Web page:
Toward the end of Mohamed Soueid’s 2008 documentary My Heart Beats Only for Her, a young man writes to his father that “revolutions and resistances are enraptured with narrating what came before them, but never what came with them and after them.” For the son it is a difficult realization about his estrangement from his father, an activist in the Lebanese National Movement whom he has barely known. In attempting to capture the complex legacies of the Arab socialist revolutions, Soueid uncovers many such severed connections, fractured narratives which he tries to reassemble from the memories and personal documents of his interviewees.
Such an intervention into memory and documentation is the task of many of the films in the Museum of Modern Art’s “Mapping Subjectivity” series, a program of experimental Arab film and video from the 1960s to the present. Co-curated by ArteEast’s Rasha Salti and MoMA’s Jytte Jensen, the series comprises three parts to be screened over three years. This second installment places particular emphasis on archival documentary: work that engages with and appropriates the documents found in institutional or personal archives in order to disrupt received historical narratives and reimagine new ones.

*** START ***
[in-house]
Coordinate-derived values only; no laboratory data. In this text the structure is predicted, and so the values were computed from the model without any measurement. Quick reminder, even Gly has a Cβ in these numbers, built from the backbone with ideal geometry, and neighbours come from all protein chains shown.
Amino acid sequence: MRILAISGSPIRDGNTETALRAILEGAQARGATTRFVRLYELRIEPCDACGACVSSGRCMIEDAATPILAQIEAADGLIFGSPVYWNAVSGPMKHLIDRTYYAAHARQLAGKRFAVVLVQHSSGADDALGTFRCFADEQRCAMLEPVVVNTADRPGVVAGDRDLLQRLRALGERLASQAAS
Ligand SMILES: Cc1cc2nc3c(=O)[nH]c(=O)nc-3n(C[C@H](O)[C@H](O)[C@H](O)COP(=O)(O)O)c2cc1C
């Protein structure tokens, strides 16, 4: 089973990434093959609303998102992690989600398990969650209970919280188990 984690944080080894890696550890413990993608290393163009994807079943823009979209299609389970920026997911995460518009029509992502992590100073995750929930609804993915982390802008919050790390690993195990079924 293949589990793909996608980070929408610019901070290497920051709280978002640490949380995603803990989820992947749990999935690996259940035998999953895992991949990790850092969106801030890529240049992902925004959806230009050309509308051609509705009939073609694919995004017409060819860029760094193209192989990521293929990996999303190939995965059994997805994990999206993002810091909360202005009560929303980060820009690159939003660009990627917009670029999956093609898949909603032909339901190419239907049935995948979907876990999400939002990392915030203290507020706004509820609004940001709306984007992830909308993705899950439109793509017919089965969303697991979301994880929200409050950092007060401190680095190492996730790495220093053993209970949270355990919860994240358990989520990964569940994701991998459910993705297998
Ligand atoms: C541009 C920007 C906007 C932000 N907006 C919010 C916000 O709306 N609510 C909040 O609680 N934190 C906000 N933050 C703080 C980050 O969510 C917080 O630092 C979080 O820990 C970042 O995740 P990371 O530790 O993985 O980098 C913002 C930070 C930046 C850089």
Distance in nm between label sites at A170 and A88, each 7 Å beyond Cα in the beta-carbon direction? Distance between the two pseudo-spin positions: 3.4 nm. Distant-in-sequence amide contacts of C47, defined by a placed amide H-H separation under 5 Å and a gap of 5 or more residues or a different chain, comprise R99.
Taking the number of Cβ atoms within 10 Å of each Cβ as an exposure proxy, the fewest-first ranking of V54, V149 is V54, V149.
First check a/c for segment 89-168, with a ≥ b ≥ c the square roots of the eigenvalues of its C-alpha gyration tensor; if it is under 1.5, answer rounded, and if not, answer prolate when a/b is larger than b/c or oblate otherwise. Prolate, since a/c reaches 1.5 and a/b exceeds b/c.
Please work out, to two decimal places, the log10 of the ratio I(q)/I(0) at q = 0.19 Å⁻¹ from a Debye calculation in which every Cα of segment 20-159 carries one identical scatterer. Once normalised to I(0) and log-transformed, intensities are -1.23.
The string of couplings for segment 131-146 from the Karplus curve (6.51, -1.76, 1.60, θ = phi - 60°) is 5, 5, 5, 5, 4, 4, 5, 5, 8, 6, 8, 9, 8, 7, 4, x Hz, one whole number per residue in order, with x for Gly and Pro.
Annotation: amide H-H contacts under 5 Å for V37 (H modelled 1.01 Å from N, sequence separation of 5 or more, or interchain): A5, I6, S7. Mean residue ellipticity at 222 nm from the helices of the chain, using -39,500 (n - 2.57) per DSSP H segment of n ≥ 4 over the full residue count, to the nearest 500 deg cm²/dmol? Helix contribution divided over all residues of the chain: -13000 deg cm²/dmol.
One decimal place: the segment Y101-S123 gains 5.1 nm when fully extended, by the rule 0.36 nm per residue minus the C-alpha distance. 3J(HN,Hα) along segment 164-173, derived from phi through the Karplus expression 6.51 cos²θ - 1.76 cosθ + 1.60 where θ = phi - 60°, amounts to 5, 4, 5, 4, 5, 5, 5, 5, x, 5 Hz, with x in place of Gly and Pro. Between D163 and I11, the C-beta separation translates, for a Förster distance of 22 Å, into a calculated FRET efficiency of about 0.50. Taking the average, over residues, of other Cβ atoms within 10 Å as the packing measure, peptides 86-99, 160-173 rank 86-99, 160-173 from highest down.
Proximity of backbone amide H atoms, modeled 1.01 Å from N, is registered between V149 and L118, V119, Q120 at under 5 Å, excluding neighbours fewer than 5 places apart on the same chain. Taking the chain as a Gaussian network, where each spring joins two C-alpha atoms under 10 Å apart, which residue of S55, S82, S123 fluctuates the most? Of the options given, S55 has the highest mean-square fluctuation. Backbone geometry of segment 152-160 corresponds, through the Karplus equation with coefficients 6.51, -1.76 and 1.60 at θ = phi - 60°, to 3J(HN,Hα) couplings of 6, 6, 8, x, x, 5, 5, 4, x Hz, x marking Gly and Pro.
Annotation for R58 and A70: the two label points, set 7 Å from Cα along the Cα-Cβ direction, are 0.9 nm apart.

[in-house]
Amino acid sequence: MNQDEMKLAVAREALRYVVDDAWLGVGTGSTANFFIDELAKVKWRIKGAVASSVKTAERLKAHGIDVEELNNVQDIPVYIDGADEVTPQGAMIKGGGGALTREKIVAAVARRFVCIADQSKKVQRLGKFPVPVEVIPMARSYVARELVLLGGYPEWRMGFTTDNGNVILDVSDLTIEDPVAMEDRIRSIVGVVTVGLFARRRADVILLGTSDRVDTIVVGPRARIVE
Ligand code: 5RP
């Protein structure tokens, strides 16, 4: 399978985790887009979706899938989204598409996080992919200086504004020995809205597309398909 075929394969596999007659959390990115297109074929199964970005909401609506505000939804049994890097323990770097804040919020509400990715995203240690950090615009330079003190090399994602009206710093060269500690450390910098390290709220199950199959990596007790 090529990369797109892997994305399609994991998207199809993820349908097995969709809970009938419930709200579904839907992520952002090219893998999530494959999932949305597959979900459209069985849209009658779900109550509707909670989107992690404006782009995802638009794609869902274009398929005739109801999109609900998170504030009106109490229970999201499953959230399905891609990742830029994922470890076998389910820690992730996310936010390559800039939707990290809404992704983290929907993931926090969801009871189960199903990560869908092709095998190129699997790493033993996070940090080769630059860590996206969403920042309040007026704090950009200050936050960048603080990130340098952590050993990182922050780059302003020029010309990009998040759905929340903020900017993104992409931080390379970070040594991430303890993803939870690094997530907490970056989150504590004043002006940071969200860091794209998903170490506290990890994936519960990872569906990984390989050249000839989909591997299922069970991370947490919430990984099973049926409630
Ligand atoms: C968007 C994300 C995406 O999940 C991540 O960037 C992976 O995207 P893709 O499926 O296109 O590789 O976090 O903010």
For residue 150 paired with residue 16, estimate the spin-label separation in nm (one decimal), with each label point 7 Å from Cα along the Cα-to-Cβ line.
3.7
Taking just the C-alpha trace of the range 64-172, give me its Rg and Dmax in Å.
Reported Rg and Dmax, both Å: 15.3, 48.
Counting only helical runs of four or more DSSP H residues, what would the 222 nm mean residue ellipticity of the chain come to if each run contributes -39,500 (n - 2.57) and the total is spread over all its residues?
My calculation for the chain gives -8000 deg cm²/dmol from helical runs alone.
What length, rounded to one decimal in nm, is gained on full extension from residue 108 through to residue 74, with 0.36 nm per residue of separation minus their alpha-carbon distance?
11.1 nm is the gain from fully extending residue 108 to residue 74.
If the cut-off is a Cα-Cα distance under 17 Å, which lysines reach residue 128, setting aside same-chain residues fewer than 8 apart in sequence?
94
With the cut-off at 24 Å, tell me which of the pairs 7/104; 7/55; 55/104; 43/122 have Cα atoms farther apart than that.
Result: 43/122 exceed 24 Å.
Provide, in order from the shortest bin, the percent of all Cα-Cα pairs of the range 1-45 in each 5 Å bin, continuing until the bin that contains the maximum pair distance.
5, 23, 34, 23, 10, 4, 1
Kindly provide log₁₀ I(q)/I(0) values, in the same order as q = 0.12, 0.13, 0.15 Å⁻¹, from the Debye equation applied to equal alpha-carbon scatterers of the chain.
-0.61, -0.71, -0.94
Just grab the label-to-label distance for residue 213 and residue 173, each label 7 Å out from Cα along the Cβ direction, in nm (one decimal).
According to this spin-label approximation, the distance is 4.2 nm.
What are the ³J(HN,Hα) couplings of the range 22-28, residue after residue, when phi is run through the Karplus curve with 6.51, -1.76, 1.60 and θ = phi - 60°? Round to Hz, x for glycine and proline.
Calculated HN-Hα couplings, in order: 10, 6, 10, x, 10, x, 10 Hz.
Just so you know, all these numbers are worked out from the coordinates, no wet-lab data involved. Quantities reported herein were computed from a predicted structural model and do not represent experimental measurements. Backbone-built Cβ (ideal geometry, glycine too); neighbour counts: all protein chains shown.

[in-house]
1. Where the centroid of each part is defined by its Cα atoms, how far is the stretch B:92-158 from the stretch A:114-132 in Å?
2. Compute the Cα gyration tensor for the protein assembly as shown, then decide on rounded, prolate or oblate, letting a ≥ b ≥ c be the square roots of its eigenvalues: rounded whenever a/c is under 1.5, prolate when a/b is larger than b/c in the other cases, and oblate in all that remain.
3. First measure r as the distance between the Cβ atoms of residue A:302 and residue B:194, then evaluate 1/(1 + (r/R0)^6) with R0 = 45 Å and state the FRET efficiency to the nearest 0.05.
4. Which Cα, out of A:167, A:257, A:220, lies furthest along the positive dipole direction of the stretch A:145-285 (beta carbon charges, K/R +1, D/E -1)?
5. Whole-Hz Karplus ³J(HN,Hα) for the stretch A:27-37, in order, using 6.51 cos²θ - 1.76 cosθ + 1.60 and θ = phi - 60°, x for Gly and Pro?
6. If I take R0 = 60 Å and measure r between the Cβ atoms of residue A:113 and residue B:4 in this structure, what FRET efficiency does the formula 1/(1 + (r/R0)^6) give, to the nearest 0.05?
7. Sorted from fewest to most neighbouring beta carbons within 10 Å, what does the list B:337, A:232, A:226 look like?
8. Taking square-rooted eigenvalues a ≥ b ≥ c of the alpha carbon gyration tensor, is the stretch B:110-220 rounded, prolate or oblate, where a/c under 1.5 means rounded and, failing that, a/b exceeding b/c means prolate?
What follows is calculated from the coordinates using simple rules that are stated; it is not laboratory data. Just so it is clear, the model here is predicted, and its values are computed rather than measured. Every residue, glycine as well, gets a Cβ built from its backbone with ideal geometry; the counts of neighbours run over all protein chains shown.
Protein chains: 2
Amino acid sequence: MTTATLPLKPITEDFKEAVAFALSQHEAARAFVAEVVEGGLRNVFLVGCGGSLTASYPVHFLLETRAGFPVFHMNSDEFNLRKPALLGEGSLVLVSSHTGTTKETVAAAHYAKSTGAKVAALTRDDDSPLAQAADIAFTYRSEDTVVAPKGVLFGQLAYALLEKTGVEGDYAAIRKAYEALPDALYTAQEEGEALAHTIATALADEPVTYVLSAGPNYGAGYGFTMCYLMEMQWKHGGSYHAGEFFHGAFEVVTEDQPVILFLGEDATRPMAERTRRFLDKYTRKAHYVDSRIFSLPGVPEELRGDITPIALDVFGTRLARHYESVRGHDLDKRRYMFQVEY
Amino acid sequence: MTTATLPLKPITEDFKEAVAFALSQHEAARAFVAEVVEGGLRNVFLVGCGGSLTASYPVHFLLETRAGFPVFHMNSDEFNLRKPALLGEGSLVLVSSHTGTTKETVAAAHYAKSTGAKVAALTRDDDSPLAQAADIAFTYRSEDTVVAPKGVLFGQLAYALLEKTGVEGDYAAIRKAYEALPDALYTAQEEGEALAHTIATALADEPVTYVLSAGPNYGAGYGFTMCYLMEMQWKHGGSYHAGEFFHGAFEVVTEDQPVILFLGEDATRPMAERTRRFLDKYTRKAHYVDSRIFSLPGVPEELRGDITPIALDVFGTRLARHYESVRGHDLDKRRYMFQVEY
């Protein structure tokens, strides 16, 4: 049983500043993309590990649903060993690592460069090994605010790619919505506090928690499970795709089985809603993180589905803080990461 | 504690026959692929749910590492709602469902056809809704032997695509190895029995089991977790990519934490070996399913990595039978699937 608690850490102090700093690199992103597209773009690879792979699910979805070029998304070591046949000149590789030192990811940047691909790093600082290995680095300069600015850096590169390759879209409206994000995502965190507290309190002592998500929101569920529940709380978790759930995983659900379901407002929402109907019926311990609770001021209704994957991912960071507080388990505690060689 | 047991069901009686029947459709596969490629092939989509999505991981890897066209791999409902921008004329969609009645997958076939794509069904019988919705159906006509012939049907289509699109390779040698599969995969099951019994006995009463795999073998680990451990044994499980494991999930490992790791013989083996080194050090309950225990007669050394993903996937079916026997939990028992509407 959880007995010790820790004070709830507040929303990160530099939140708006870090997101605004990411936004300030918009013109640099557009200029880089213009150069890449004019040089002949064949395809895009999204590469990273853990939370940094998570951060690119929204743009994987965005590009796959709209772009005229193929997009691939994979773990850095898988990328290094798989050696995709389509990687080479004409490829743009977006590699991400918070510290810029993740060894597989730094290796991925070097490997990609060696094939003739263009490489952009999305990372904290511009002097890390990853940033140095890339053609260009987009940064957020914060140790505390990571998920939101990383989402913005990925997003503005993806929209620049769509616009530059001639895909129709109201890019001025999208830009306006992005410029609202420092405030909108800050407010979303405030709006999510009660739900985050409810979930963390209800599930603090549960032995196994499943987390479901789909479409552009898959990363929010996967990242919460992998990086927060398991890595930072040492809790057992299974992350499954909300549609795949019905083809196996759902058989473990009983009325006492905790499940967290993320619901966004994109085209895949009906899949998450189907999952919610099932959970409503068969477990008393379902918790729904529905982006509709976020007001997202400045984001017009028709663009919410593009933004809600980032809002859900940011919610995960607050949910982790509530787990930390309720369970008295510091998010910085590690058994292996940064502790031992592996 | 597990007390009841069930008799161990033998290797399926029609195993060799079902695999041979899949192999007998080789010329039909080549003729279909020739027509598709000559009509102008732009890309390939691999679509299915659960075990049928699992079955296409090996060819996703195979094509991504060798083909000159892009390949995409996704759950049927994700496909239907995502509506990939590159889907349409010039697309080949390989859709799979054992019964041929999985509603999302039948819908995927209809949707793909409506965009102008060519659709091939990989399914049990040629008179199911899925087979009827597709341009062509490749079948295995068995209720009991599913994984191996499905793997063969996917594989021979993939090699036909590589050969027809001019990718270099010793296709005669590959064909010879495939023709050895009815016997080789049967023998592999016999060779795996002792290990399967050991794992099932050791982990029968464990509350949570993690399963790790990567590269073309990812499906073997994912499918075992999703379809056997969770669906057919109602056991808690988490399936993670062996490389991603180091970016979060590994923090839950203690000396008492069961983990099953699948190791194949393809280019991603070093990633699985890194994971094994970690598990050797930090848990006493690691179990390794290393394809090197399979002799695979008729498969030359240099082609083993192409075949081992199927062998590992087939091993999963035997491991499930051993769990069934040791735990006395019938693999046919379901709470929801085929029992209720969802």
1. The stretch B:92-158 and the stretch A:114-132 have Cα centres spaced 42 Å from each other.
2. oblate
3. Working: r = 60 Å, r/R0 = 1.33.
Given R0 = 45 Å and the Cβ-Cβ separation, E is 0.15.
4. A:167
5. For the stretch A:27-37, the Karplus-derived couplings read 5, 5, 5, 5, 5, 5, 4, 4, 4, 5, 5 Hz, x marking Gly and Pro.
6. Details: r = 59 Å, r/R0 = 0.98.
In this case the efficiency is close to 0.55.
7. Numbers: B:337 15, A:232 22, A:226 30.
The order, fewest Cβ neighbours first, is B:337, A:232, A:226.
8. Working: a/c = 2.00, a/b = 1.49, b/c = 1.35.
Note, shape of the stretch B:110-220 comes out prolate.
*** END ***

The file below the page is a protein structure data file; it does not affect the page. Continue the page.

Often the effort of reconceiving history represents a desire to bridge lacunae, to fill in the historical gaps, forcing a specific kind of creative intervention to which cinema—and especially video—seems particularly well suited. Ahmad Ghossein’s new film My Father is Still a Communist draws upon his personal archive of audiotaped letters from his mother to his father, separated for a decade during the civil war in Lebanon. Using deliberately awkward video effects, Ghossein digitally reinserts his estranged father into wedding videos and family photographs while his mother’s archived monologues, coated in a thin sonic layer of tape hiss, suggest romance, longing, and ultimately desperation. Employing a similar form of disjunctive narrative, Yto Barrada’s Hand-Me-Downs recounts her own imageless childhood in Morocco using dozens of clips from French tourist films she appropriated from an archive in Marseilles. The often luridly colored images of bourgeois Europeans crossing the Mediterranean offer a strange counterpoint to the series of hilariously violent and strife-filled tales of a mythologized post-colonial upbringing, which Barrada narrates in voiceover. And offering contrast of a much different kind, Ali Essafi’s Wanted also attempts to overcome a historical blackout, employing comic books and cop movies to help recount a former activist’s memories of hiding from the police during 1970s Morocco’s “years of lead.”